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The Seiko 6139 automatic chronograph – a historical movement in its own right, like this 1978 Seiko 6139-6005 "Cevert" automatic chronograph here, on its original Seiko stainless-steel "H-link" bracelet – was one of the first automatic chronographs created and ranks with Zenith’s El Primero and Heuer’s Calibre 11.


Within the Road Rat automotive magazine Autumn/Winter 2018 debut edition, an article was included on the Seiko 6139 automatic chronograph – the first automatic chronograph in the world – and its connection to Formula One (F1) racing legend, François Cevert, marking the first widely(ish) publicized link between the dark blue-dialed 6139 and Cevert.  Hence the moniker "Cevert," which caught on in collector circles quickly.


During the same era (and for long after Cevert's untimely racing death), Japanese racer Tetsu Ikuzawa - one of the most successful and prolific Japanese drivers from the early years of the nation's automobile racing history - wore one as well during his races.  While continuing to compete in races in Japan, he was the first Japanese driver to regularly compete in a number of notable European championships, namely the British F3 Championship and European F2 Championship; he was also one of the first Japanese drivers to compete in the epic 24 Hours of Le Mans endurance race.


Further adding to the Seiko "Cevert" legend, pilot and NASA astronaut Colonel Richard Covey wore his throughout a lengthy career as a fighter pilot supporting MACV-SOG close air support (CAS) missions and the Cambodian Government during the Viet Nam conflict and during multiple subsequent space flight missions, as we wrote about in Watches in Espionage.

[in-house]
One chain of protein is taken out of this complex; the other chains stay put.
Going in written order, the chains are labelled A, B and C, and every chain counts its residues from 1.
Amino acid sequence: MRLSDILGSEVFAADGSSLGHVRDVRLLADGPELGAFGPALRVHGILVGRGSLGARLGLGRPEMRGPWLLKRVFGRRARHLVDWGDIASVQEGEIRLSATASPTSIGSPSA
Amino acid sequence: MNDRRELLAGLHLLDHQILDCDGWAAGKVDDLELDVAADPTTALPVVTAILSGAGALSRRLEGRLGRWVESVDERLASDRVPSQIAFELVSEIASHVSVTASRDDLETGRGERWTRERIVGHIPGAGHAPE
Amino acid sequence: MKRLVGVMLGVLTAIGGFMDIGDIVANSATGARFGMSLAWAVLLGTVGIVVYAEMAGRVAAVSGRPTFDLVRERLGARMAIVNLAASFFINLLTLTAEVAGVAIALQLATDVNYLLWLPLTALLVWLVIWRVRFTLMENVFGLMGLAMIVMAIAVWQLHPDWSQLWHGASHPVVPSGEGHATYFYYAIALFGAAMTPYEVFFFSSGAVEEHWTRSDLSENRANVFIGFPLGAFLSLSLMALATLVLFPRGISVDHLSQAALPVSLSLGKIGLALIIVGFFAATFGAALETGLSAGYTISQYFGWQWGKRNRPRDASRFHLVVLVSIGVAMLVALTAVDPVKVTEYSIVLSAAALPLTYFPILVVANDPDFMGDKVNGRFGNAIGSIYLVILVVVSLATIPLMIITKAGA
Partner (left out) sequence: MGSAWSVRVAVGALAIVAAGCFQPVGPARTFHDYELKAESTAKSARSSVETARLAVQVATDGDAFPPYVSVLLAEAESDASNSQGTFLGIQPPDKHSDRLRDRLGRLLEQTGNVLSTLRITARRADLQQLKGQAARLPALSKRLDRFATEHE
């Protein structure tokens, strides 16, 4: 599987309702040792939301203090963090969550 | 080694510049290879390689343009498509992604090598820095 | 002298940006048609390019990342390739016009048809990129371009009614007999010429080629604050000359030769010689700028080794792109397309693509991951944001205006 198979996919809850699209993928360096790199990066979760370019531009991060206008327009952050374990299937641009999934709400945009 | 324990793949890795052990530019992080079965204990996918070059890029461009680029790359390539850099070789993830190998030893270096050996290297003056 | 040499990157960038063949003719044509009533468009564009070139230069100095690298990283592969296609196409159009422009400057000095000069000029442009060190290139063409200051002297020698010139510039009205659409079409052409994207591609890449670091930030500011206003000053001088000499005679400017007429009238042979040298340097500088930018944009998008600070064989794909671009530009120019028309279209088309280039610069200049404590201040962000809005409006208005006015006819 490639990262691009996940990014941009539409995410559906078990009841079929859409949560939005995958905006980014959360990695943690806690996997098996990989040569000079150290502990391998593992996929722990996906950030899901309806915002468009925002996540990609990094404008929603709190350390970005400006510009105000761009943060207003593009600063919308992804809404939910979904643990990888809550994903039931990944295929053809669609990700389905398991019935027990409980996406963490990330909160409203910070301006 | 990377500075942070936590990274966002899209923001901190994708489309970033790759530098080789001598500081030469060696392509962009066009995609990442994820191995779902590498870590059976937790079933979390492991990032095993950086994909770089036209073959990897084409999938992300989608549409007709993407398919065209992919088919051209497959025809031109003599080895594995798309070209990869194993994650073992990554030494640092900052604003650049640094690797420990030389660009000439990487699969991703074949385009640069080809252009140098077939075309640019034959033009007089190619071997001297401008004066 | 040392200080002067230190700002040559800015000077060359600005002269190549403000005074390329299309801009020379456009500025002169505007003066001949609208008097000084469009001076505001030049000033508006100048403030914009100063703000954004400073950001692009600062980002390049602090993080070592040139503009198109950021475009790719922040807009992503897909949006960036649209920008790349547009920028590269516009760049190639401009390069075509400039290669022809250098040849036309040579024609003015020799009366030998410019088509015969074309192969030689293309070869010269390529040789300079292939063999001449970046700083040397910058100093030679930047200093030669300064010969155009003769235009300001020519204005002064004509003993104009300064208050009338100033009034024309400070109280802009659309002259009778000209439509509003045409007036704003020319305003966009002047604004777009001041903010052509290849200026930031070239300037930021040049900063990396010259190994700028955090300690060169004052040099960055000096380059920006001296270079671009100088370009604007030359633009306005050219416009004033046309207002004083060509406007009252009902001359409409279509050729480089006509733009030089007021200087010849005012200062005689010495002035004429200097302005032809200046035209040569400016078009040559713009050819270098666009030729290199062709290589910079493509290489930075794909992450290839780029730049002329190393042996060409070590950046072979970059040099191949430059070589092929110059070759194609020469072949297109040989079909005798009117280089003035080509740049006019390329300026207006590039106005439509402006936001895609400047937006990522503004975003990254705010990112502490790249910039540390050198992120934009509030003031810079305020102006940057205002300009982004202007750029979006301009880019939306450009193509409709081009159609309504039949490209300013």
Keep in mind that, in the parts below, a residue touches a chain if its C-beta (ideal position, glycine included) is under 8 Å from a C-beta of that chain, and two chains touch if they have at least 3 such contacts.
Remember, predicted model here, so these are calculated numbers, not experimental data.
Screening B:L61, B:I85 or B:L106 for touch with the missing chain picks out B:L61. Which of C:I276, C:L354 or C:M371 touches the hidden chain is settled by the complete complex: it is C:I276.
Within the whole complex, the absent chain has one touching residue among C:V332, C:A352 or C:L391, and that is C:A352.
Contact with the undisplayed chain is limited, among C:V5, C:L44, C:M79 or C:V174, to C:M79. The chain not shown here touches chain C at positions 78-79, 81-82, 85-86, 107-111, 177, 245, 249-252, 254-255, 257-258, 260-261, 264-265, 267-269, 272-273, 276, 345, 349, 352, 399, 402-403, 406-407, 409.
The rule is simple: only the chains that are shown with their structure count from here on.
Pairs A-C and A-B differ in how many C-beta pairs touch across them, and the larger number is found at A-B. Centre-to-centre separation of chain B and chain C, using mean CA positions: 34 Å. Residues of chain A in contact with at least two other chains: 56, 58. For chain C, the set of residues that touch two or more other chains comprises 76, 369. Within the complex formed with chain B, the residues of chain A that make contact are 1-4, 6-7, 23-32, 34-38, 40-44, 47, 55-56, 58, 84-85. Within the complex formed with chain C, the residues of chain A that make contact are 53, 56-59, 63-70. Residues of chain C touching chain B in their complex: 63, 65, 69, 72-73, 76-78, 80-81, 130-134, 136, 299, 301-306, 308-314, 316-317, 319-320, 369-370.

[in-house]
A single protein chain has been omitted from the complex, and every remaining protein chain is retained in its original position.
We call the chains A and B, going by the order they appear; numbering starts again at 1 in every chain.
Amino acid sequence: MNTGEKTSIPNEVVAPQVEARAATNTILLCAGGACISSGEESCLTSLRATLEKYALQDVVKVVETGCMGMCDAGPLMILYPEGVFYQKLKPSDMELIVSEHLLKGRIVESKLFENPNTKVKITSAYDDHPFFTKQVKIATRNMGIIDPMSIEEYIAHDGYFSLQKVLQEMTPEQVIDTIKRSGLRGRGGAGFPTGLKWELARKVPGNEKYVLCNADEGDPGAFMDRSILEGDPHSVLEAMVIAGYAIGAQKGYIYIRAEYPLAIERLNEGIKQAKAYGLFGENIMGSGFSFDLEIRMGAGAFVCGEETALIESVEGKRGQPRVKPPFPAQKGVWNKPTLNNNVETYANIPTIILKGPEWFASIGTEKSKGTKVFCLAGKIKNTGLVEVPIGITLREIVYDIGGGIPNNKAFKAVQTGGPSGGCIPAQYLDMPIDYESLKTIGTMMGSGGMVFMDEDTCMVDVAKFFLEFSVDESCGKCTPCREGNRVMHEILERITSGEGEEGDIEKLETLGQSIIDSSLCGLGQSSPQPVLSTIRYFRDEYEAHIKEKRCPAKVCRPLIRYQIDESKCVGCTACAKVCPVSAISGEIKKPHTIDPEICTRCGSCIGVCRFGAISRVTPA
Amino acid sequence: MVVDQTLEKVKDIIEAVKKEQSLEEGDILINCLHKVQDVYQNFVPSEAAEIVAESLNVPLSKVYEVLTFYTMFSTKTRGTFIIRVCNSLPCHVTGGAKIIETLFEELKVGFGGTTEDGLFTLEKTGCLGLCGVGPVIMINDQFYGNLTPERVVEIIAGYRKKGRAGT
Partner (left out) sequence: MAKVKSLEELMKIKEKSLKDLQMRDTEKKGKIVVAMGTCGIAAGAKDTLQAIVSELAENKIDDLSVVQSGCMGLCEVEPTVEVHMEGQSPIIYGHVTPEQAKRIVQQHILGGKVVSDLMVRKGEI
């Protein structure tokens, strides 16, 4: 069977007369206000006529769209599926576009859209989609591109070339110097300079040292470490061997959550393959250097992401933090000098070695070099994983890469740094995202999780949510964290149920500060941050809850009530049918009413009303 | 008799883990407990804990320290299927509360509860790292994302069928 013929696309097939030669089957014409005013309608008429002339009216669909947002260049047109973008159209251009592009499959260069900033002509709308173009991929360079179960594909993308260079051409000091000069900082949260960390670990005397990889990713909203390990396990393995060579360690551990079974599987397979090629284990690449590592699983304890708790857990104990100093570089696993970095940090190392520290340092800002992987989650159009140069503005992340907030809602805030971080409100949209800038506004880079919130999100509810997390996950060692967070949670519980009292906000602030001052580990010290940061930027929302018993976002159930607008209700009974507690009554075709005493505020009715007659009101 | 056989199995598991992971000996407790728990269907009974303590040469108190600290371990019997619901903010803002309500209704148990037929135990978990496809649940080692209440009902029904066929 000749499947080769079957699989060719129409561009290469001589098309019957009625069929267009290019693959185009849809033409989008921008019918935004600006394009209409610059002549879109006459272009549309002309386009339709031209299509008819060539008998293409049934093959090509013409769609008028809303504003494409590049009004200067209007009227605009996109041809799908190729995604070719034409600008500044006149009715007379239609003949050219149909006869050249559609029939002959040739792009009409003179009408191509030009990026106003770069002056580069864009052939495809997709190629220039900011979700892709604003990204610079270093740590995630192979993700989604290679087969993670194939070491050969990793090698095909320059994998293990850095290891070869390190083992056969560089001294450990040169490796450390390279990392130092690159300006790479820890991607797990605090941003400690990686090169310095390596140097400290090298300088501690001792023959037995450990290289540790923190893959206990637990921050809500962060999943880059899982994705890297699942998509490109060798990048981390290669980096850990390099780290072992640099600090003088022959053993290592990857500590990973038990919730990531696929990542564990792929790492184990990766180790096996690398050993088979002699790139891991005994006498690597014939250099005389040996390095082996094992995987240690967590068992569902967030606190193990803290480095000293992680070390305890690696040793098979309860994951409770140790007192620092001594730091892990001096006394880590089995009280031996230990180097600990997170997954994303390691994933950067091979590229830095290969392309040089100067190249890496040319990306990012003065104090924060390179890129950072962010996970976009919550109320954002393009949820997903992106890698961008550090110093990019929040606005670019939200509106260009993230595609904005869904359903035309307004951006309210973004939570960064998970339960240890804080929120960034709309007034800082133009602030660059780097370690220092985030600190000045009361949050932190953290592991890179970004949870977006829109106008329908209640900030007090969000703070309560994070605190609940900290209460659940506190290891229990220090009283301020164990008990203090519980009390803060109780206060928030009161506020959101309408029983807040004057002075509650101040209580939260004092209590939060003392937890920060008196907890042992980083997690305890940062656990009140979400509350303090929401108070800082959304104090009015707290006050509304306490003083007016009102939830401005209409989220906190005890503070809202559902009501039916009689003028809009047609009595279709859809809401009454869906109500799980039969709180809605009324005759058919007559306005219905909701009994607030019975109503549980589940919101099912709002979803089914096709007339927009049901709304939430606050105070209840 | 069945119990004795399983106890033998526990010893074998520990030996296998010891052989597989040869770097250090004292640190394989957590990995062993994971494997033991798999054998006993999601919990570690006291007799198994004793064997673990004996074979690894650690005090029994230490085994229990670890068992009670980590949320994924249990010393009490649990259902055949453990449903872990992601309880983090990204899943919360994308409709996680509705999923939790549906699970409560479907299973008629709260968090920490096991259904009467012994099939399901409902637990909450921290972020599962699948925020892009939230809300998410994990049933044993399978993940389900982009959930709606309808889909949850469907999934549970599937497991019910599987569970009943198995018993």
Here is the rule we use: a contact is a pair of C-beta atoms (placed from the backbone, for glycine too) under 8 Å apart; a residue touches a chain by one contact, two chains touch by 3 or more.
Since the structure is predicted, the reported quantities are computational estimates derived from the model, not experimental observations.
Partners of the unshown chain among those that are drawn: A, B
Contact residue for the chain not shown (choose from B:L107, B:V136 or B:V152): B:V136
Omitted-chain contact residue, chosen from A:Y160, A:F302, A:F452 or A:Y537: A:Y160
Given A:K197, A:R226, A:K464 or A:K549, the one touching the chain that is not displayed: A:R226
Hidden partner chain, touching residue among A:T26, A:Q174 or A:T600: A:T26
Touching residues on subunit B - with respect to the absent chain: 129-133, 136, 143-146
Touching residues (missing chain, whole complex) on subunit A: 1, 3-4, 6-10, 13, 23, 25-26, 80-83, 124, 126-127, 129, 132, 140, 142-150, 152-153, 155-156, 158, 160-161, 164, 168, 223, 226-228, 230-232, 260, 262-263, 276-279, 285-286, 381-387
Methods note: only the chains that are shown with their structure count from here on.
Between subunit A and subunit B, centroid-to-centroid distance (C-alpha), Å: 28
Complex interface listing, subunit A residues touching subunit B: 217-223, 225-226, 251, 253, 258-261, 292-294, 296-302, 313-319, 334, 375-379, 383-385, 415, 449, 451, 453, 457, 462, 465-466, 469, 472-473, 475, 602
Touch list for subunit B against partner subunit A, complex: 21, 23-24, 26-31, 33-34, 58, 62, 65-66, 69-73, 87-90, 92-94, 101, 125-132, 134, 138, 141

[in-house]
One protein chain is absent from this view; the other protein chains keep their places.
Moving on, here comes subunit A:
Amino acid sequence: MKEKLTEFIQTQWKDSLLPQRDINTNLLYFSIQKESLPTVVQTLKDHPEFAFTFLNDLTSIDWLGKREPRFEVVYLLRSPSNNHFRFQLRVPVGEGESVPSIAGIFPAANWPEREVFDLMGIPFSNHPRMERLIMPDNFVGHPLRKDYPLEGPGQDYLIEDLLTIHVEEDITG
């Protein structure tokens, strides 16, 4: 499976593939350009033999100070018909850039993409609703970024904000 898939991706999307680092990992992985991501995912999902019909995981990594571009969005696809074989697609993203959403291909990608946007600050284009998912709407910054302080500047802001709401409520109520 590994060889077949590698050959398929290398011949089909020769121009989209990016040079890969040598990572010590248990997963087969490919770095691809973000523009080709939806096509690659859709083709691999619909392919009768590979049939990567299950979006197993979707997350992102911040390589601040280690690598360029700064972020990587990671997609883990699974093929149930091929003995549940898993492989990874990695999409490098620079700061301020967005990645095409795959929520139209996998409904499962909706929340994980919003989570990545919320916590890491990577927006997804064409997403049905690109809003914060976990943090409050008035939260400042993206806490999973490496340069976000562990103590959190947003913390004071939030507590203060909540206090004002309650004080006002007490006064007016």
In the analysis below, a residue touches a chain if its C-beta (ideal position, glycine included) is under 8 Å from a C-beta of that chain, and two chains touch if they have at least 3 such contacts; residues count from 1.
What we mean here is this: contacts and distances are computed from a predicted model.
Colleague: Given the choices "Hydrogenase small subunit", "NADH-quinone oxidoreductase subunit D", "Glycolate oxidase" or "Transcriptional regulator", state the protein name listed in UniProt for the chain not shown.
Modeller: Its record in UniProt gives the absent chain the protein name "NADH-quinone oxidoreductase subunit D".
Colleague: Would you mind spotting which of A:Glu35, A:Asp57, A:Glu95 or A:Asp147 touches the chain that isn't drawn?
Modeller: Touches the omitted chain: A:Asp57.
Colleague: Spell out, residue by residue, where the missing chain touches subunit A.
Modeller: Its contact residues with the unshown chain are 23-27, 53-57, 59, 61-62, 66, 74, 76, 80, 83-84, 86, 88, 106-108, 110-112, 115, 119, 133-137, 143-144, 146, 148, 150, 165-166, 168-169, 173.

Back in the 1970’s, Heuer and Zenith had taken hold of the entire sports watch industry by racing to become the first to produce an automatic chronograph. It has been widely debated who won, but in the background of the skirmish Seiko quietly created their own, beating the Swiss at their own game – the Seiko Calibre 6139.


Seiko published its first advertisement for their new automatic 6139 chronograph in February 1969, easily beating the Swiss - however, the company was concentrating on the release of the world's first quartz watch, the Astron, which would completely disrupt the watch world as it was known at the time (again, much to the chagrin of the Swiss watch industry, we're certain). We possess 6139 dials dating back to October 1968, indicating Seiko beat all other rivals to produce the world's first automatic chronograph.  Period.


This Seiko 6139 Cevert comes on its original stainless-steel H-link bracelet, and with nylon strap, rugged travel case, and springbar tool.

1978 Seiko 6139-6005 "Cevert" Automatic Chronograph

  • DIAL: Dark blue Seiko-signed dial, with matching minute, hour and vibrant red chronograph hands.  Day/date (English/Spanish day variants) at 3 o’clock position works nicely.  Inner tachymeter ring rotates smoothly, via crown, as designed.  Lume plots are in good condition - with correct pearly-white and sugar cube-texture we love to see on great 6139 examples - and shine following exposure to strong light.


    CASE: 41mm (w/o crown, 42mm with) x 46mm stainless-steel case with "Water Resist" signed caseback.  Vibrant red and blue “Pepsi” bezel insert remains fully intact with zero fade, sharp case lines, and no evidence of machine polishing.  Brushed finish on top of the case remains.


    CRYSTAL: Hardlex crystal, no scratches or imperfections.


    BAND: This Cevert comes on its original stainless-steel H-link bracelet, which will fit up to an approx. 8.5 inch wrist; it also comes with a grey nylon strap.


    MOVEMENT: Seiko 17-jewel 6139B automatic movement, manufactured in March 1978 (one of the last made). 


    CROWN: Recessed unsigned stainless-steel crown.


    CHRONOGRAPH PUSHERS: Chronograph pushers depress with satisfying click – no sticking.  Red chronograph main and subdial hands reset to zero. 

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